WARNING: The following discusses graphic details of a miscarriage.
I woke up to horrendous pain from around my right ovary. I went straight to the bathroom, expecting these pains to be caused by my period starting, which was pretty much the norm for my cycle. Cramps are okay when I was younger and they were a warning sign of the impending 4 days of hell, but by my late 20s, they started because I’d already started bleeding, and it just pissed me off.
To my surprise, there was nothing. And then I started thinking of how my calculations the night before put me at 5 days late, so I grabbed the pregnancy test kit from under the sink, peed on the stick, placed the cover back on it, finished my business, and as I stood up to pull my shorts up I saw two lines. Already. Like fucking immediately.
I was in absolute shock. My mind raced. “How did that turn so quickly? How was I pregnant already? Oh my fucking god I’m pregnant! No WAY there’s already two lines. Yup, two lines…Uuuhhhhhh what do I do?!”
I knew the research – you can have false negatives, but there are no false positives. There was no point in taking another test. I was pregnant. And that’s when the panic set in. Back to the racing mind. “I’ve only been off the pill one cycle! How the hell is this possible? Everything I read said it could take up to a year.” By now you’ve probably picked up that I was not ready, but thought I was ready, and realized I was not ready once I saw those two lines.
My husband was still sound asleep in bed. I went to the living room and grabbed our laptop. I started searching for things like natural home abortion, how to induce a miscarriage, raspberry red leaf tea, how much is an abortion, and chances of miscarriage. I spent 45 minutes or so crying as quietly as I could and praying and being pissed and being petrified. When I realized that there just wasn’t any good solution, and I would never be able to hide something like an abortion from him, I went to the bathroom, grabbed the stick, and went to wake him up.
He groggily sat up after I showed him. He stared, then looked at me, looking half terrified and half trying to be positive. I don’t remember his exact words, but I remember whatever it was, it made me feel like he was shocked but accepting. Something like, “Well, okay. Already?”
When I miscarried at about 6 1/2 weeks, I did not have a D&C. Turns out my insurance didn’t cover maternity for 12 months and I’d only had it for 4 months, so even clearing out my dead embryo to prevent me from having an infection was not covered (thanks for that, Cigna). I didn’t have any sort of vacation or sick leave at this job, but of course, my owner was understanding of me needing time off. My doctor told us what to watch for like a fever or excessive bleeding, which would require a trip to the ER, and we went home to mourn and allow the miscarriage to happen naturally.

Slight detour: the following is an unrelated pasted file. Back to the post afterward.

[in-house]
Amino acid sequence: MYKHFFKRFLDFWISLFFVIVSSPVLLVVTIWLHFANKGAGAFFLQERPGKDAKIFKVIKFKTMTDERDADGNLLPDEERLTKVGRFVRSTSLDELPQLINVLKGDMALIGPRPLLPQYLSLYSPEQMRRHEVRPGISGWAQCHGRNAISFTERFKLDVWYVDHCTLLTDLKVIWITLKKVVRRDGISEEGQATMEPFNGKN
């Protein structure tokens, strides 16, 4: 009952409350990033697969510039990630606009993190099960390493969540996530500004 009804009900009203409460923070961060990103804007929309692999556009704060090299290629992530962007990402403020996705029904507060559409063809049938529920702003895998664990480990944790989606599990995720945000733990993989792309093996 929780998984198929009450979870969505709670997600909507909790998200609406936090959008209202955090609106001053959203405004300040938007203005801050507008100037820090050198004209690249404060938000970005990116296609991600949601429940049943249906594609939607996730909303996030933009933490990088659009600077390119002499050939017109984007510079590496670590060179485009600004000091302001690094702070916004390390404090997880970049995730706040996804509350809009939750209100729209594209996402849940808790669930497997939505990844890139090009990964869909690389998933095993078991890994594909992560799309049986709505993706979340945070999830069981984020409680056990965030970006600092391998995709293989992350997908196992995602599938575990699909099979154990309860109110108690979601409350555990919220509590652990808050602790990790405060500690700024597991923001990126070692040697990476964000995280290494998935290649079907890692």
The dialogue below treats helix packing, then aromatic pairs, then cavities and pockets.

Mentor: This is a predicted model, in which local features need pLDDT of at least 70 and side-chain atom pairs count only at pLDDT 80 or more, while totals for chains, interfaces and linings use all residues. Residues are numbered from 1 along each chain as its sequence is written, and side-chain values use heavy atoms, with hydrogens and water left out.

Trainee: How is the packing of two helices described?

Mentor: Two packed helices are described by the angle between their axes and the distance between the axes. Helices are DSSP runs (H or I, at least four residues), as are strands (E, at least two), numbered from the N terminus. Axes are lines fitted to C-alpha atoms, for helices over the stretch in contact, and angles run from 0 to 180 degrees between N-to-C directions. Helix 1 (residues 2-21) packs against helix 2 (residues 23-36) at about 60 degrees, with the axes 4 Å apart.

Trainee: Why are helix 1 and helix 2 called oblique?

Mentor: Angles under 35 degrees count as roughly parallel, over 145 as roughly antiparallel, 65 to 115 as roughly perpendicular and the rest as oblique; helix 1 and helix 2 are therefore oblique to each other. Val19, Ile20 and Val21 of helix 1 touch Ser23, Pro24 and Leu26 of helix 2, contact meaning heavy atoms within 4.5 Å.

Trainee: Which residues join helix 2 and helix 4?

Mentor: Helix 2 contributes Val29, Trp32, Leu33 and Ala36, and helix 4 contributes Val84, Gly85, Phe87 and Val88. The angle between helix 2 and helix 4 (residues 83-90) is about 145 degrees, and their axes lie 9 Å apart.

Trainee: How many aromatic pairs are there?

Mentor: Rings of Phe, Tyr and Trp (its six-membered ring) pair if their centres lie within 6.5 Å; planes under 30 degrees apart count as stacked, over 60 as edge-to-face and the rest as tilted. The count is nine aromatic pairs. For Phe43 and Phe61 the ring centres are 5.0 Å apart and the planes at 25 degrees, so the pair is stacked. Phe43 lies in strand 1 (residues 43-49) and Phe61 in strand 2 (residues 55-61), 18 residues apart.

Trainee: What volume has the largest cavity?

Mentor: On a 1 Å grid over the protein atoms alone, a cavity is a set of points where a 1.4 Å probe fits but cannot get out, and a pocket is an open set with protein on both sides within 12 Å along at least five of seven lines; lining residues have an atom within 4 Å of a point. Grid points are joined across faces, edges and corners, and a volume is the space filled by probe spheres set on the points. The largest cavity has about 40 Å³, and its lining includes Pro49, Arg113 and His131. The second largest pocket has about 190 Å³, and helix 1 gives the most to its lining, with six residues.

I spent the next two days having contractions, bleeding profusely, and passing more tissue. My husband took those two days off work to be with me and care for me, and he really was very sweet and compassionate while dealing with his own grief. I thought I had passed the embryonic sac the second day when I was in the shower, and the contractions were slowing down and getting less intense. He went back to work the third day.
I was laying on the couch after he left, my pug on my stomach comforting me, and I felt a contraction, and a gush of tissue come out of me. Moving carefully to the bathroom, I found that I had been so wrong the night before. There it was on the pad. It was exactly what I’d seen in books and biology class films. A tiny, shrimp-like creature suspended in a liquid-filled sac.
What follows some may find morbid, but I’m not ashamed. I carefully removed the pad from my underwear, set it on the counter, plucked the embryo from the mess, and held it in my palm, and cried. That was my baby. We made that. We had both gone through a flurry of emotions in the weeks before, and our marriage was still in limbo. But we made that little shrimp-like creature. I was in awe of it, and so sad to see it this way, and not on a screen in the doctor’s office. This was the only time I’d ever get to hold it.
I didn’t really know what to do after that, so I just sat on the toilet, let more blood and tissue pass for a bit, and held my embryo in my palm crying. I stared for maybe 30 minutes deciding what to do. I ended up dumping it into the toilet, staring and crying for another 10 or so minutes, then I finally pushed down the handle. I had to pull myself together to call my husband at work and tell him what happened. He was so sorry that he wasn’t there. I assured him I thought it was already passed and it wasn’t his fault he didn’t stay home that day too. We needed one of us to make money to pay bills from the two ultrasounds we had had.